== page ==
A Flaw Of Unfamiliarity
This is another case where I’m fully aware of the name Rosario Dawson and have seen her in a couple of films where she’s had a minor role, or was the voice of a cartoon character, but I don’t really know the work that made her famous enough to be invited to host. Some of these hosts who are strangers to me, who are known to have a silly side, win me over right away, but when it comes to performers like tonight’s host, who are known for more serious work, the episode usually max out at slightly better than average.
That was the case tonight, partially because I may have missed some of the subtleties of any jokes that may have been specific to Rosario’s personal life or career. I think the bigger issue is that the show still doesn’t really know how to handle hosts who are people of color who aren’t known for their comedy, especially when the person in question is a female. I can tell when this is the case when the host’s monolog has them claiming that they’re only concern going into the show was that they wanted to avoid racial stereotypes while some cast member interrupts with the most stereotypical character based on the race in question.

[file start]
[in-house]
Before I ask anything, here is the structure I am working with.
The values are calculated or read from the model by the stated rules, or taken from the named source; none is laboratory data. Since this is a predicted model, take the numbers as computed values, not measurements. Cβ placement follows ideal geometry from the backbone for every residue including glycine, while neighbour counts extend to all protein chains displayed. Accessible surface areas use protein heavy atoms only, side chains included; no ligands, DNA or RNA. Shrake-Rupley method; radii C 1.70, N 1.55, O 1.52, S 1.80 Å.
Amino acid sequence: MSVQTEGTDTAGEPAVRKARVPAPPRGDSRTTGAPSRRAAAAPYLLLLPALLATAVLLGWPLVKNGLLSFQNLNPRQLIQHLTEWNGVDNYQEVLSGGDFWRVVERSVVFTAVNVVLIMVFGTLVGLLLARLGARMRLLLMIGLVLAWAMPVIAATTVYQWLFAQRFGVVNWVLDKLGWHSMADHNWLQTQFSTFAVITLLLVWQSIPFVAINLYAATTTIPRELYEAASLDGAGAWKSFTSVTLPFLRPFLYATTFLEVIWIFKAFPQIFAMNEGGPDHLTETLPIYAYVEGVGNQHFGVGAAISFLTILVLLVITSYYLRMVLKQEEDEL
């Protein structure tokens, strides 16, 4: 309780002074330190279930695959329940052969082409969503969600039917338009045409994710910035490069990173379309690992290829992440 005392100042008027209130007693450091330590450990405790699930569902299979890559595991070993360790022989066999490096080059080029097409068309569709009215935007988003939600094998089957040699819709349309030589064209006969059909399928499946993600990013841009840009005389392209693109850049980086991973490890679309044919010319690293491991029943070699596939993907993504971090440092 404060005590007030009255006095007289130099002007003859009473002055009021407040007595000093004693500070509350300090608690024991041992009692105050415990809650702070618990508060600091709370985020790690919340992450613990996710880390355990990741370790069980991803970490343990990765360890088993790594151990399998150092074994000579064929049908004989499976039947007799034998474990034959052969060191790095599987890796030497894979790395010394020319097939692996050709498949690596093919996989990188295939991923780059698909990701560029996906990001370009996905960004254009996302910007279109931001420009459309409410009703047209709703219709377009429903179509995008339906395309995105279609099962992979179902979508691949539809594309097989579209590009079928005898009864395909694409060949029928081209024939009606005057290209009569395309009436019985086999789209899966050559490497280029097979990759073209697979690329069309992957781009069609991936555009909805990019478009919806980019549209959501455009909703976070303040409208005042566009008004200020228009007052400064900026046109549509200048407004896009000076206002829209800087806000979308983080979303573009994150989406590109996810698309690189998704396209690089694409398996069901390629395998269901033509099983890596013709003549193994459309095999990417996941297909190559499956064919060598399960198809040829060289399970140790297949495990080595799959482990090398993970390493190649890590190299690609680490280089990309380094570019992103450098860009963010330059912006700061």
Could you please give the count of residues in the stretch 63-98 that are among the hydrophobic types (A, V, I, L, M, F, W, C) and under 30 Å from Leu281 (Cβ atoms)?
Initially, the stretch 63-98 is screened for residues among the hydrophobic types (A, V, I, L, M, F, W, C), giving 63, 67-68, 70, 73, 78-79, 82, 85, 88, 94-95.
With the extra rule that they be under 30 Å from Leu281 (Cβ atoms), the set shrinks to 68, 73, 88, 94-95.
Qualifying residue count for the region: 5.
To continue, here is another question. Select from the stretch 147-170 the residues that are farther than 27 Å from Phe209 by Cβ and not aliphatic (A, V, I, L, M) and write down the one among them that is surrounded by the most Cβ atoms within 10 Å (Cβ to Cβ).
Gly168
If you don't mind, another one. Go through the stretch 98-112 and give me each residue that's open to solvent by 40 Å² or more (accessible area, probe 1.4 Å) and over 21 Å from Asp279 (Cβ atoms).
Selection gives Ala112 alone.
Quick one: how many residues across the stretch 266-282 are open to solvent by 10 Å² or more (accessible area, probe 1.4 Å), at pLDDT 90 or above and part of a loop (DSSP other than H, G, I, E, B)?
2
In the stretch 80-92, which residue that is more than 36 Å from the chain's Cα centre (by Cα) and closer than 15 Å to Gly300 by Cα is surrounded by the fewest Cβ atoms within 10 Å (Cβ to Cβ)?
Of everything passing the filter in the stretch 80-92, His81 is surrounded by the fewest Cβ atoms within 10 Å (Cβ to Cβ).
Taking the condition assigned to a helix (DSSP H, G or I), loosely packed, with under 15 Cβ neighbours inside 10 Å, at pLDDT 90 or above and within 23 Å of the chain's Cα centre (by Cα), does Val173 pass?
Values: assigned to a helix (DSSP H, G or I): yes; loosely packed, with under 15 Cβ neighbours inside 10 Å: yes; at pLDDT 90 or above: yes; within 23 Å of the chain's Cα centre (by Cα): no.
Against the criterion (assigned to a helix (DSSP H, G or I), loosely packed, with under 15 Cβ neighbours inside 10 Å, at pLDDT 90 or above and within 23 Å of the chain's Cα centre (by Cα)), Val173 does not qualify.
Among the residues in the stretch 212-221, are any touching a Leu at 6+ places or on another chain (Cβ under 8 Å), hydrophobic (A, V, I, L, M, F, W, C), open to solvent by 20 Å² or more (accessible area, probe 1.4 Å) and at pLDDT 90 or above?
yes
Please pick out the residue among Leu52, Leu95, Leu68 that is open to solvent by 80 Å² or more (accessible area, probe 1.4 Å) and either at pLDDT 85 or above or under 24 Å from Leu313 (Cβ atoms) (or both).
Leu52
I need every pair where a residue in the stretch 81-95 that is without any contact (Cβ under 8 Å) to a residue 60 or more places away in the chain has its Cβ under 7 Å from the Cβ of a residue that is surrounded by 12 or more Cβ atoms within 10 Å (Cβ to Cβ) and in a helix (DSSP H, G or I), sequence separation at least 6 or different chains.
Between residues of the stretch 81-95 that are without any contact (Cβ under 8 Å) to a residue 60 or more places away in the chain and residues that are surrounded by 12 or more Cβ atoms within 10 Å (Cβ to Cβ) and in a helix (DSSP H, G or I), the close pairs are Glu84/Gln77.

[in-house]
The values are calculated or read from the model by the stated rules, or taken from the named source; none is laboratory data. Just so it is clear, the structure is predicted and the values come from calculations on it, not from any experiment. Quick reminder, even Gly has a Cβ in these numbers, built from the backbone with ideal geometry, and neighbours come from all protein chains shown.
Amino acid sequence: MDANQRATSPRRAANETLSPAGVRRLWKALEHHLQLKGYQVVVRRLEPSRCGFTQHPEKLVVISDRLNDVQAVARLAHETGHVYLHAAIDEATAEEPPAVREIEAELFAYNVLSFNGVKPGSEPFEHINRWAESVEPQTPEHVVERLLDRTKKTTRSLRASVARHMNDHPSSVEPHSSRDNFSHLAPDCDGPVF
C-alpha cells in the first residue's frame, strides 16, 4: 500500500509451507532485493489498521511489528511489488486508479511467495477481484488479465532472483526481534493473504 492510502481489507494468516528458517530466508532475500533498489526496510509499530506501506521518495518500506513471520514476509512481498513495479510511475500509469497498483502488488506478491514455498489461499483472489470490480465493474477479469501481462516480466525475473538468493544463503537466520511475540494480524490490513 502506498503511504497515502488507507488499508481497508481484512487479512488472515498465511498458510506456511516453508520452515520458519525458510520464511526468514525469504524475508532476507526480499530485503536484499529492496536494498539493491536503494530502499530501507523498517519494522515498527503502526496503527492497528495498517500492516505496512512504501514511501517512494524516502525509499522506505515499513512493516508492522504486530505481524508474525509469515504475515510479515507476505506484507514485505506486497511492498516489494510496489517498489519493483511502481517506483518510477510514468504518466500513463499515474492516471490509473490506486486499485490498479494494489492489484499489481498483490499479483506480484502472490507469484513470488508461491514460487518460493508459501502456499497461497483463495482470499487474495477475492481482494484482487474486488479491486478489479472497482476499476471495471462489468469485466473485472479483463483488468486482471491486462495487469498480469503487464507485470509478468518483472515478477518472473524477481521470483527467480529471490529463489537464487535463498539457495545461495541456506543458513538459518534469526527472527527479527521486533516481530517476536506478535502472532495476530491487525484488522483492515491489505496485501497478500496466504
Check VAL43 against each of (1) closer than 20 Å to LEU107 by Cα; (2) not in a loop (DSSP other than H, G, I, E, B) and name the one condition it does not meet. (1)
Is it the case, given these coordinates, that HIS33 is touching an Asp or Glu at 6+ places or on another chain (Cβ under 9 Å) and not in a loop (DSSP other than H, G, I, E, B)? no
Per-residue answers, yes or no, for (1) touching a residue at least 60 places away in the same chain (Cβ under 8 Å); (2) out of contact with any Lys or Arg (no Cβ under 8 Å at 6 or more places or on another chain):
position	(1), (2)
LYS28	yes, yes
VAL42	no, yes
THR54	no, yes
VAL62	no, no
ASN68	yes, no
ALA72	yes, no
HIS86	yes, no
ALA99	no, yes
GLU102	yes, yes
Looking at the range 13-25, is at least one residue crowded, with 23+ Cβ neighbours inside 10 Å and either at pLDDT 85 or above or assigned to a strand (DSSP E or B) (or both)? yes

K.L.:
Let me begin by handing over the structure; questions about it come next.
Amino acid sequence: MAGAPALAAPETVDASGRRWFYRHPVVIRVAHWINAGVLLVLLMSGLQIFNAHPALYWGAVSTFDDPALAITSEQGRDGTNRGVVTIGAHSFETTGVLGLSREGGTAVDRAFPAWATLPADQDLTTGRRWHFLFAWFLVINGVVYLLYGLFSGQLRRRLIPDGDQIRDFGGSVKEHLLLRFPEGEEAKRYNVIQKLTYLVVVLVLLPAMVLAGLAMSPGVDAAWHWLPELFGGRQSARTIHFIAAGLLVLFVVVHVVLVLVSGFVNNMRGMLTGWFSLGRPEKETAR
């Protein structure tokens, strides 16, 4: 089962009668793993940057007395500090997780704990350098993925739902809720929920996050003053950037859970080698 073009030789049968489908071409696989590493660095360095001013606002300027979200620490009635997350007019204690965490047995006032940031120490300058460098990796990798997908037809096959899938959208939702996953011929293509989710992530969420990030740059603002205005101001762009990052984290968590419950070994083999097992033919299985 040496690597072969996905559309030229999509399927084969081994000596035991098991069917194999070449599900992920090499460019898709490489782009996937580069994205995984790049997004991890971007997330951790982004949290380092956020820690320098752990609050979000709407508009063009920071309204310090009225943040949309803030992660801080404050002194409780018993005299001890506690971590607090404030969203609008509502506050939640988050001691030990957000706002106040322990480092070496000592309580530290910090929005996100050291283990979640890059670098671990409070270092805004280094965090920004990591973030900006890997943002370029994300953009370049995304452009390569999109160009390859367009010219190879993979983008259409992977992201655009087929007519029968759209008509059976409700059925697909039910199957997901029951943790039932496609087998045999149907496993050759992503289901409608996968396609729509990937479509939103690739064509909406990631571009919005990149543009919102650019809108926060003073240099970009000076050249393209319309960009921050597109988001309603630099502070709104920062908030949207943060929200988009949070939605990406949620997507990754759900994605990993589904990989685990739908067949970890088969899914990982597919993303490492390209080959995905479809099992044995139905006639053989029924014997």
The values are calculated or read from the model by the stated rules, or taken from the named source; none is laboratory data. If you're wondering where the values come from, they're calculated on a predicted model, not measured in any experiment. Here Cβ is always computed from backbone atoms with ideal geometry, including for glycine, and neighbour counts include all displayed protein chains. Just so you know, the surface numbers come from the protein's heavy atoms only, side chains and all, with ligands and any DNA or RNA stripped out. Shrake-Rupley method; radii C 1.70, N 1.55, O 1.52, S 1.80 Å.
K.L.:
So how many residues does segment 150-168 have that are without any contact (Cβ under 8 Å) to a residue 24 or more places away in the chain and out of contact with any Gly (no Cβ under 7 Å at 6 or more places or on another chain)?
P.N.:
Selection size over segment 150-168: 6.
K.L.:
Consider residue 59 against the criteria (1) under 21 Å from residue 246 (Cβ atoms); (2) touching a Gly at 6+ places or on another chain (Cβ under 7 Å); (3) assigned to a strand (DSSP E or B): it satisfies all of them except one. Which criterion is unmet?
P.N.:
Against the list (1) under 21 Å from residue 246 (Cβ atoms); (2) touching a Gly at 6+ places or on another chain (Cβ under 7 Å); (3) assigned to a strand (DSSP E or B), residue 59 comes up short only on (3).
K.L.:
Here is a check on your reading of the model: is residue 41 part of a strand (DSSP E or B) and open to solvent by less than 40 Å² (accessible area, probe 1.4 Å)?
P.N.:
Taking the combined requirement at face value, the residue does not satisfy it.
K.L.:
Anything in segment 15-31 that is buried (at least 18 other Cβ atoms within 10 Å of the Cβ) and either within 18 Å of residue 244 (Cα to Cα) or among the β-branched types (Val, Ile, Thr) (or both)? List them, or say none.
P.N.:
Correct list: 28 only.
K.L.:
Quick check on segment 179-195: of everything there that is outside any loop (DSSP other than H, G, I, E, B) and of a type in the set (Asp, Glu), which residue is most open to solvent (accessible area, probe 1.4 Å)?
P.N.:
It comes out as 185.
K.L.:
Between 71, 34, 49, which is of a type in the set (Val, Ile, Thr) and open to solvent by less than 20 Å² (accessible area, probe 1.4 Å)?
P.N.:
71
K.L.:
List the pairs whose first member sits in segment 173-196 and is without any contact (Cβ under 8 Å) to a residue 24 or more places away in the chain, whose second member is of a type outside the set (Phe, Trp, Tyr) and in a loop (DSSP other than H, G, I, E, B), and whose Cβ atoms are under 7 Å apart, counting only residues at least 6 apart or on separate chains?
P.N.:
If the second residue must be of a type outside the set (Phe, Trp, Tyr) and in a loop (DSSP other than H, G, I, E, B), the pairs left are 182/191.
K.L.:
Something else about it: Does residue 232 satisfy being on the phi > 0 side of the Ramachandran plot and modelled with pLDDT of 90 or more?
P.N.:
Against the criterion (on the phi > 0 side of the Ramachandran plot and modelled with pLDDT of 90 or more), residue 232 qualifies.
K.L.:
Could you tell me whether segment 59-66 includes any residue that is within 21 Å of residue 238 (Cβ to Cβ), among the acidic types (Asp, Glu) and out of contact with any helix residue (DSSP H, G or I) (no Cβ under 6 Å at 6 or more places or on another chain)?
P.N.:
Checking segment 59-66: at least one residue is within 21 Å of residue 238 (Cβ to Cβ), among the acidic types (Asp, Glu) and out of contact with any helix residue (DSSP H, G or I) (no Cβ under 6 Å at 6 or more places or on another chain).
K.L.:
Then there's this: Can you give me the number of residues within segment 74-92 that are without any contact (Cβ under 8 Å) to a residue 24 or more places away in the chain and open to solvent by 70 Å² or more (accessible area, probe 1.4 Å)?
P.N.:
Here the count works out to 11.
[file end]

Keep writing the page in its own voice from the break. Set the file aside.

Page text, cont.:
Night’s like these have a bit of a half-assed feel to them as the show does seem to attempt to respect the host call for a stereotype-free night, only they do sneak in racial humor where ever they can. Granted, the snuck in racial humor, that the host claimed to want to avoid, is nowhere near as extreme as it was in the ‘70s and early ‘80s but it’s definitely still there. Then again, it wasn’t really offensiveness that made this a so-so episode, but instead, how they seemed to play it safe in a way that didn’t win me over into liking Rosario as an SNL host. That said, Rosario’s efforts did win me over, and upon researching her prior work, I found a few films that I definitely need to check out.
As for the show itself, once again, the opening sketch bummed me out because at the time this episode air, I genuinely believed that this type of satire where the show continually slammed Dick Cheney and the Bush administration would bring to light how horrible these people are enough to get the viewers to demand actions to punish these monster. This is opposed to how I now see this type of satire working the same way as the court jester who was the only one allowed to make fun of the king as a false sense of addressing the citizens issues with the ways that they are being led. Now, these sketches just make me sad to see how well this strategy works as most people still believe that they do lead to change.
As I said, the monolog was funny to me, but it did set me up to expect just an average night since the show doesn’t seem to know how to write for a person of color who doesn’t want to resort to stereotypes about race. The fake ad for the bank that followed is another case where it may have been fun at the time with the banking bailouts still fresh in the news, but it’s a bummer now as the banks have continued to be involved in scandals ever since. Meanwhile, all that we do is express out shock through social media then wait for the, “I know, right?,” jokes to roll into our comments.